This is the first post in my new blog, swl10-speed. My other blog, called simply swl10 is about my work as a developer of software for e-Learning (and particularly e-Assessment).
The purpose of this blog is to document my experiences in buying, building and (hopefully!) riding my next road bike. I decided to document this in the form of a blog because I often searched the internet for information to help me and found some excellent sources that I wanted to remember for future reference. I also realised how hard it is to use search engines like Google to find genuine information about products. In my work, I often search for information which has little or nothing to do with a product directly offered for sale and I've become used to finding useful information quickly. But when browsing for information about the various bits of my bike I have found my search results swamped by online stores and the vast number of meta-stores that aggregate information from other online retailers surrounded by their own pick of targeted banner ads.
The PlanI last bought a complete road bike back in 2001, over ten years ago. In fact, the Shimano 105 9-speed components that came with that bike served me well right up until my front derailleur failed last year. This event brought home to me the futility of persisting with 9-speed when the rest of the world had moved on to 10-speed, or even more. I also decided to move from Shimano to Campagnolo (or SRAM) to better suit my short fingers.
With Europe's economy in particular need of a boost my starting point was to see if I could buy a European bike. This may sound hopelessly romantic but I used to ride a Columbus-tubed Bianchi and it really made an impression on me. In fact, it literally made an impression on me: we parted company after various sharp protrusions gouged my arms and legs as we slid across the tarmac in a tangled ball of limbs and twisted metal. I followed my Bianchi with a British bike built with Reynolds 853 tubing before returning to the Columbus fold for an alloy Tifosi frame. This time I was looking for a full carbon frame so I started leafing through magazines and buyers guides.
ProvenanceWhen I came across this review of the Battaglin C12 bike I started thinking that it might be affordable to get a genuine Italian frame to support my Campy equipment - and perhaps even jump over 10 speed altogether and go straight to the 11-speed Athena range. Battaglin's motto "Engineers of Emotions" (even when viewing the Italian language version of their site) certainly evokes the passion I recall witnessing the first time I told an Italian colleague that I rode a Bianchi road bike. The company also boasts that their bikes are made in Italy but there is a fairly generous interpretation of what this actually means in EU law (as discussed in this forum post about the C14). The general consensus about the provenance of the cheaper carbon frames seems to support the poster in this Italian forum: "c13 e c14 sono fatte a marostica, c12 no".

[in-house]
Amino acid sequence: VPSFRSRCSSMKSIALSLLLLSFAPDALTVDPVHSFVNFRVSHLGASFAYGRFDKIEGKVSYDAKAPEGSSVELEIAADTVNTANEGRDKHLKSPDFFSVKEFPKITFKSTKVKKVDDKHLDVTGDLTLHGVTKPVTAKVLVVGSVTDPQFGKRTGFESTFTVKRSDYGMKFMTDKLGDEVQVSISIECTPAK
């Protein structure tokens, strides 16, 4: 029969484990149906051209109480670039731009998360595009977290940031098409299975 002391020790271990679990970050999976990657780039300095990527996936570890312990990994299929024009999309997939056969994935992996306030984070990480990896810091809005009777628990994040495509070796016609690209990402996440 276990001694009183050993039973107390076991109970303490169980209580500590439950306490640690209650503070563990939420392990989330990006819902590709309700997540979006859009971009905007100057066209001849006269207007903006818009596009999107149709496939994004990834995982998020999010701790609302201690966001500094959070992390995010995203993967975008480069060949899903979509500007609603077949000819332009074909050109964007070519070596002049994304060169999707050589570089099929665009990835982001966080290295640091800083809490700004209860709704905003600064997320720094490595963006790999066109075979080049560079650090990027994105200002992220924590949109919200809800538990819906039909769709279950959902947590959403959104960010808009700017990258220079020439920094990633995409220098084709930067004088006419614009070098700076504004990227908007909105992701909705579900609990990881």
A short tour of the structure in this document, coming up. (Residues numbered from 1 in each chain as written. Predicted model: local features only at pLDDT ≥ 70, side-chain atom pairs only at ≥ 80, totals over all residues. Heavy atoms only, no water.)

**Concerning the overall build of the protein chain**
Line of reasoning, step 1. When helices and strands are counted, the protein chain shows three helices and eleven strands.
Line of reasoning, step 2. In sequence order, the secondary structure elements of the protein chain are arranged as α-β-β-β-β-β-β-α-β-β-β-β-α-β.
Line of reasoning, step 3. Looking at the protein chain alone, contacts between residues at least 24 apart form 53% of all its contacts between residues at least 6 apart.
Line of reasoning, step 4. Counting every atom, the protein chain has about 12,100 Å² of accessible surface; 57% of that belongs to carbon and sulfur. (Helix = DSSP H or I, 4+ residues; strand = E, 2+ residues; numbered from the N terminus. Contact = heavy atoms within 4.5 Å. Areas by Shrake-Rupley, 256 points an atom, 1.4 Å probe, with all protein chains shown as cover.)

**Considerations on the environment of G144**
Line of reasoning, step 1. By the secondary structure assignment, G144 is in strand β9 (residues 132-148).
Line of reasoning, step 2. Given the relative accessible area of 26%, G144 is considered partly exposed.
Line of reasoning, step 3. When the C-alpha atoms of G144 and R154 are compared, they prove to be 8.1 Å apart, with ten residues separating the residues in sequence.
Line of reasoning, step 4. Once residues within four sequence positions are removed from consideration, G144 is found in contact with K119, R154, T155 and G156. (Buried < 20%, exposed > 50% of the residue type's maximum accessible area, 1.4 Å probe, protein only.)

Firmly of the belief that, in my price range, the best carbon frames are made in the far east I could return to the basics of getting a bike that suited my riding position and my wallet. I have to thank a fellow cyclist I met on the road for giving me a close up of Ribble's entry level carbon frame, the Sportive Bianco. He was in training for an epic journey around the world, you can read more about Sean Conway's journey on his Cycling the Earth website. The bike got sound reviews such as this one from Cycling Weekly.
A Sort of HomecomingI must also thank another rider I met near Hitchin who was riding an updated version of the alloy-framed Tifosi I was riding. He had recently tried their new carbon frame but hadn't enjoyed it and bought the new alloy frame instead (complete with retro graphics).
Still, that conversation put the idea in my head of going back and looking at the bikes/frames on offer from Chicken Cycles who sell bikes from a small number of brands including Tifosi and Cinelli. The review of the Cinelli Saetta in Cycling Plus was positive, the main criticism seeming to be a mismatch between the quality of the frame and the components. There's a more thorough review on bikerumour.com. This year Chicken are offering a Centaur-equipped version (perhaps in response to this feedback) though the bike itself is no longer featured on Cinelli's website - only the Saetta Sprint is listed, a more expensive version of the same design. The frame geometry seemed to be a better fit for me than some of the more exotic options I looked at and the Cinelli brand is not without romance, even if the frame really is made in China.
Having bought from Chicken before (through my local bike shop, Howes) I decided to stay with the Columbus theme and get myself a Saetta. I contemplated getting the whole bike in one go but when I drilled down to the details I couldn't get all the components I wanted. With no obvious savings for getting the complete bike compared with sourcing the components separately (except for my time putting it together of course) I decided to order the frame only, with matching Cinelli Vai Bianca seat post, stem and bars.
It's a long time since I last stripped down and rebuilt a bike from scratch so this is going to be something of a journey in itself.